staircase restoration

Victorian and Georgian staircases tend to have many layers of paint which require removing particularly from the treads and risers. The removal of this paint is part of the renovation process and carried out prior to sanding.

Typically, we strip, sand and seal treads and risers on Victorian staircases and lacquer finish in the same way that we would a floor.

We use electric heat guns to melt and blister the paint as the first stage of the process, followed by a liquid chemical stripper and various grades of wire wool and then finally sandpaper, from approx P60 - P120 Grade.

Once the staircase is fully sanded, it is stained and/or finished with at least threee coats of lacquer, key-sanding (de-nibbing) between each coat, the same process as with floors.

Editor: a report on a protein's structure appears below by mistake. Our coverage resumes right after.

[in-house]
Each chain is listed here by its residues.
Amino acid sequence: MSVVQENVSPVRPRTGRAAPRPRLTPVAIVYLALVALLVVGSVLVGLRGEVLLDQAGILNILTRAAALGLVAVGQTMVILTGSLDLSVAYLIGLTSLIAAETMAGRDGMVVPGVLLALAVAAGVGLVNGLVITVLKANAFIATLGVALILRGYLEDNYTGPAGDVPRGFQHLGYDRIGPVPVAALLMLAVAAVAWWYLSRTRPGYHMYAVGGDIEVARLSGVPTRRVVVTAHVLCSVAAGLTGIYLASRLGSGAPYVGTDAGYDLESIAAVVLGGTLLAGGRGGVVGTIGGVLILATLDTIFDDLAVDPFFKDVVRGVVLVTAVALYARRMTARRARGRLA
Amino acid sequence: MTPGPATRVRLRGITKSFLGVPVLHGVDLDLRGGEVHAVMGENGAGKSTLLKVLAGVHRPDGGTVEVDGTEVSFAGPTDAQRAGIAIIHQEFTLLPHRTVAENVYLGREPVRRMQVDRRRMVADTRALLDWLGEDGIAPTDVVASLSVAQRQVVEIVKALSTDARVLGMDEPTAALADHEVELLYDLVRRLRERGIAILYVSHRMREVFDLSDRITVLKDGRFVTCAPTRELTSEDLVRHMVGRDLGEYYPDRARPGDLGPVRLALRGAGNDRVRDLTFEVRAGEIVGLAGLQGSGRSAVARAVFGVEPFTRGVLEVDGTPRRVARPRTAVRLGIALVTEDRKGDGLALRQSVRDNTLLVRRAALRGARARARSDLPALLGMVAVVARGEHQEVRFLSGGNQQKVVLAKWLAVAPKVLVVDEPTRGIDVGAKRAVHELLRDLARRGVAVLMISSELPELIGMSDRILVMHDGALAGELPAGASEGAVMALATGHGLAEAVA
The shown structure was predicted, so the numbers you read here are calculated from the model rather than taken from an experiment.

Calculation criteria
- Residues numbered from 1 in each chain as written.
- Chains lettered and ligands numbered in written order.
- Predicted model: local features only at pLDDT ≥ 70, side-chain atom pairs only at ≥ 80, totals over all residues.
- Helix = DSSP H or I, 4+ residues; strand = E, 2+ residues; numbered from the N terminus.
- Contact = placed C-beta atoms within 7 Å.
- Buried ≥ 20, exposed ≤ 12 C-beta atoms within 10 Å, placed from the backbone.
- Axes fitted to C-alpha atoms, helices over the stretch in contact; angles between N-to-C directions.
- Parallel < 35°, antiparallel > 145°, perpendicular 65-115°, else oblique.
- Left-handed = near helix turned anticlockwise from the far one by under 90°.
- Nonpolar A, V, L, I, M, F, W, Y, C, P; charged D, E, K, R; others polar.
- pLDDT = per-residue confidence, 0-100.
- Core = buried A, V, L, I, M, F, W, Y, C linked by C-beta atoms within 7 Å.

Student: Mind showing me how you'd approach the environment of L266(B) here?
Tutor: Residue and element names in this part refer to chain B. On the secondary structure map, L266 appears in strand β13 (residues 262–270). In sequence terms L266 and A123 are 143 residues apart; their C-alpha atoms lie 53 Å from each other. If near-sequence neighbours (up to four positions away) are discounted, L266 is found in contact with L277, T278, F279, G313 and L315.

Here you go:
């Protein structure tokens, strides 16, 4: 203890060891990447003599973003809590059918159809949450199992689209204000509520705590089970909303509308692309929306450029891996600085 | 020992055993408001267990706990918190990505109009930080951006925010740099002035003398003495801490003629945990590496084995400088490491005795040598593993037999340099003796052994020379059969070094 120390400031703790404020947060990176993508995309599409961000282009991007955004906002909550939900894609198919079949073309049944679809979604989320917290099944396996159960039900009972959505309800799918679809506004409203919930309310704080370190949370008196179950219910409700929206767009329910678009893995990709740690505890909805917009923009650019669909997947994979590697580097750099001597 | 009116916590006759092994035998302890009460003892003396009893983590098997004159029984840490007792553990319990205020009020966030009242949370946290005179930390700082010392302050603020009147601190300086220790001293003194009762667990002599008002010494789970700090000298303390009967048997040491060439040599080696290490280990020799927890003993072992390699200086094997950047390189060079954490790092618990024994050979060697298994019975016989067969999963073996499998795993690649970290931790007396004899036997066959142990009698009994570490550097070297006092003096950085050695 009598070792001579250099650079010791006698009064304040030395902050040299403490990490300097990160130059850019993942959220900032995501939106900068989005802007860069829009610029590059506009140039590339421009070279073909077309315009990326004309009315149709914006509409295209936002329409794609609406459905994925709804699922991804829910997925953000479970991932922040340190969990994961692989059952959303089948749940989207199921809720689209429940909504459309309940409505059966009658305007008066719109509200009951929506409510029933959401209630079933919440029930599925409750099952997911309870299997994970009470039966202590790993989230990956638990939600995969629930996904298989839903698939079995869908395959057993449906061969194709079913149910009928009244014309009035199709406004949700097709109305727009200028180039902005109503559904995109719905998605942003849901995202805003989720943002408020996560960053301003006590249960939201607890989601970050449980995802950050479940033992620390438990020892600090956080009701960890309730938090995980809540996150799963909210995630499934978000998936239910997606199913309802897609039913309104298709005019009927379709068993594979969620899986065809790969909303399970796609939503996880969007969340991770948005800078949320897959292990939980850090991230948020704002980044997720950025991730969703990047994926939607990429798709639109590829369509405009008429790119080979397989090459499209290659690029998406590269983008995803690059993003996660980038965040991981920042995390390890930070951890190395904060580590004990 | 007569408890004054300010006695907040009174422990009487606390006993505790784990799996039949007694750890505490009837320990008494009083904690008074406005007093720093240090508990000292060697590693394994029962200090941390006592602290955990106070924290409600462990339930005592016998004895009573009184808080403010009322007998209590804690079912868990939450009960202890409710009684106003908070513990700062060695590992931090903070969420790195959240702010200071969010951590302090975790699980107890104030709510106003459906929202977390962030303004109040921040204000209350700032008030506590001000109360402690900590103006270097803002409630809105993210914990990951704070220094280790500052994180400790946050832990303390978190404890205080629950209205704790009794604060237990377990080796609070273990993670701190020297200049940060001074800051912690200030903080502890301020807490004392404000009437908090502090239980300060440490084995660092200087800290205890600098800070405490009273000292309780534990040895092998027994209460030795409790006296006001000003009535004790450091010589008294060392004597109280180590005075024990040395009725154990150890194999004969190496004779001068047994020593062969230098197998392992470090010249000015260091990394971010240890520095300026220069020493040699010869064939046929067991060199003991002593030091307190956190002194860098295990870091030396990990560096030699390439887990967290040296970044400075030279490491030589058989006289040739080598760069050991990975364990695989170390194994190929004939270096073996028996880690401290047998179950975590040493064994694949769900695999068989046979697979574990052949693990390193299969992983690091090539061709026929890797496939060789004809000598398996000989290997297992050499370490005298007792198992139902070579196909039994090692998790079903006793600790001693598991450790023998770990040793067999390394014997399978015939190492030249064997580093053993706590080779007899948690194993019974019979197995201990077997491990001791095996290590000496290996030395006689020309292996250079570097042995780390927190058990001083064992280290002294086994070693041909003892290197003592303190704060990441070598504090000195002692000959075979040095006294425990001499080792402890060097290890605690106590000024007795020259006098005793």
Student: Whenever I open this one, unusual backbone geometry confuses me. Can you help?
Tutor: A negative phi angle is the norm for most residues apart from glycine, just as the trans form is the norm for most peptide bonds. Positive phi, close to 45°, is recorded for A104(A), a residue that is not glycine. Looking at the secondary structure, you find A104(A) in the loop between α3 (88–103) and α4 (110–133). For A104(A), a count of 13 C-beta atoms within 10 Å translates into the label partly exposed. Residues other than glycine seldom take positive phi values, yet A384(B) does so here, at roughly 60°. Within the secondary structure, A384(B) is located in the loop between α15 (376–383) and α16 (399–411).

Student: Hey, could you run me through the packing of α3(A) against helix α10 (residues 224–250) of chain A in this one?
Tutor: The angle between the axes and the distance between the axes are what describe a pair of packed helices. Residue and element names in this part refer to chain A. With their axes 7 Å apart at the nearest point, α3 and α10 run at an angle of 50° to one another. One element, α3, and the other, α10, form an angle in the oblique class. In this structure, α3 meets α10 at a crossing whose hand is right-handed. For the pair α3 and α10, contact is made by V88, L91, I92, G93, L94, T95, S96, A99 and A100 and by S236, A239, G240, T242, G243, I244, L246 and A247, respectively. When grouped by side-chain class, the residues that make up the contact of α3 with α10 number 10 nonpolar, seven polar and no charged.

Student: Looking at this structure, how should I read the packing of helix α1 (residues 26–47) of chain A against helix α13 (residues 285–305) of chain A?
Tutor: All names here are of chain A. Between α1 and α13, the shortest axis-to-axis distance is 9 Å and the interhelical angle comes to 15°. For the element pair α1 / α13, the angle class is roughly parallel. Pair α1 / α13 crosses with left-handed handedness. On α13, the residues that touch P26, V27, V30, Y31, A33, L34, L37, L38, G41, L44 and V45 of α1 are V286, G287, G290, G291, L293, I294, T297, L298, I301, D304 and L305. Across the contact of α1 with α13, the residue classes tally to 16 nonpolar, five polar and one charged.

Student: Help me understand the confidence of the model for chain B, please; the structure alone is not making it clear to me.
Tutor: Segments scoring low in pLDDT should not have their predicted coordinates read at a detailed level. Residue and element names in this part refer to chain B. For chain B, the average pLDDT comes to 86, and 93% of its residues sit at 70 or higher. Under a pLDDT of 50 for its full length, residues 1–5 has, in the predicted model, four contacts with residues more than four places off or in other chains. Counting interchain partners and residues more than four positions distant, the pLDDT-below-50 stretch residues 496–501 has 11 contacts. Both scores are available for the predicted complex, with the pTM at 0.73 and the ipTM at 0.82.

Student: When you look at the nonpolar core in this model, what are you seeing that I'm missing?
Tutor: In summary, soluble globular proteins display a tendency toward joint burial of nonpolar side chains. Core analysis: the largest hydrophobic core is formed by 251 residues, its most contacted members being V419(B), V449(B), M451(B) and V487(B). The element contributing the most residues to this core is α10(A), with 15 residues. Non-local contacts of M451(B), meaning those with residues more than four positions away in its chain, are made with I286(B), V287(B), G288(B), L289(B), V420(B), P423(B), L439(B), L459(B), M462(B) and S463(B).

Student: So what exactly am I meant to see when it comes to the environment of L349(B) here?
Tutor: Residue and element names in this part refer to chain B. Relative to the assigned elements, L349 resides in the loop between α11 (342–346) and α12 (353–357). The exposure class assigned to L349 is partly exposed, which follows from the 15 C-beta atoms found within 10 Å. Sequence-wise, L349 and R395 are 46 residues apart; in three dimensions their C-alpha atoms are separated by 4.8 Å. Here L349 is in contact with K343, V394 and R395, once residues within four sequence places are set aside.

Another popular 'look' is that of sanded and lacquered treads combined with painted risers, with the skirting or 'stringer' of the staircase remaining painted..

The staircase can then either be left uncovered or have a traditional stair runner fitted.

You can of course do anything to a staircase, from the most sensitive period restoration to something totally contemporary such as stair risers with fibre optics or recessed LED lights. We can give you lots of ideas to work with from the traditional to the most unconventional and bespoke.

 

mahogany hand rail

 

mahogany hand rail

 

mahogany hand rail

 

mahogany hand rail

 

mahogany hand rail


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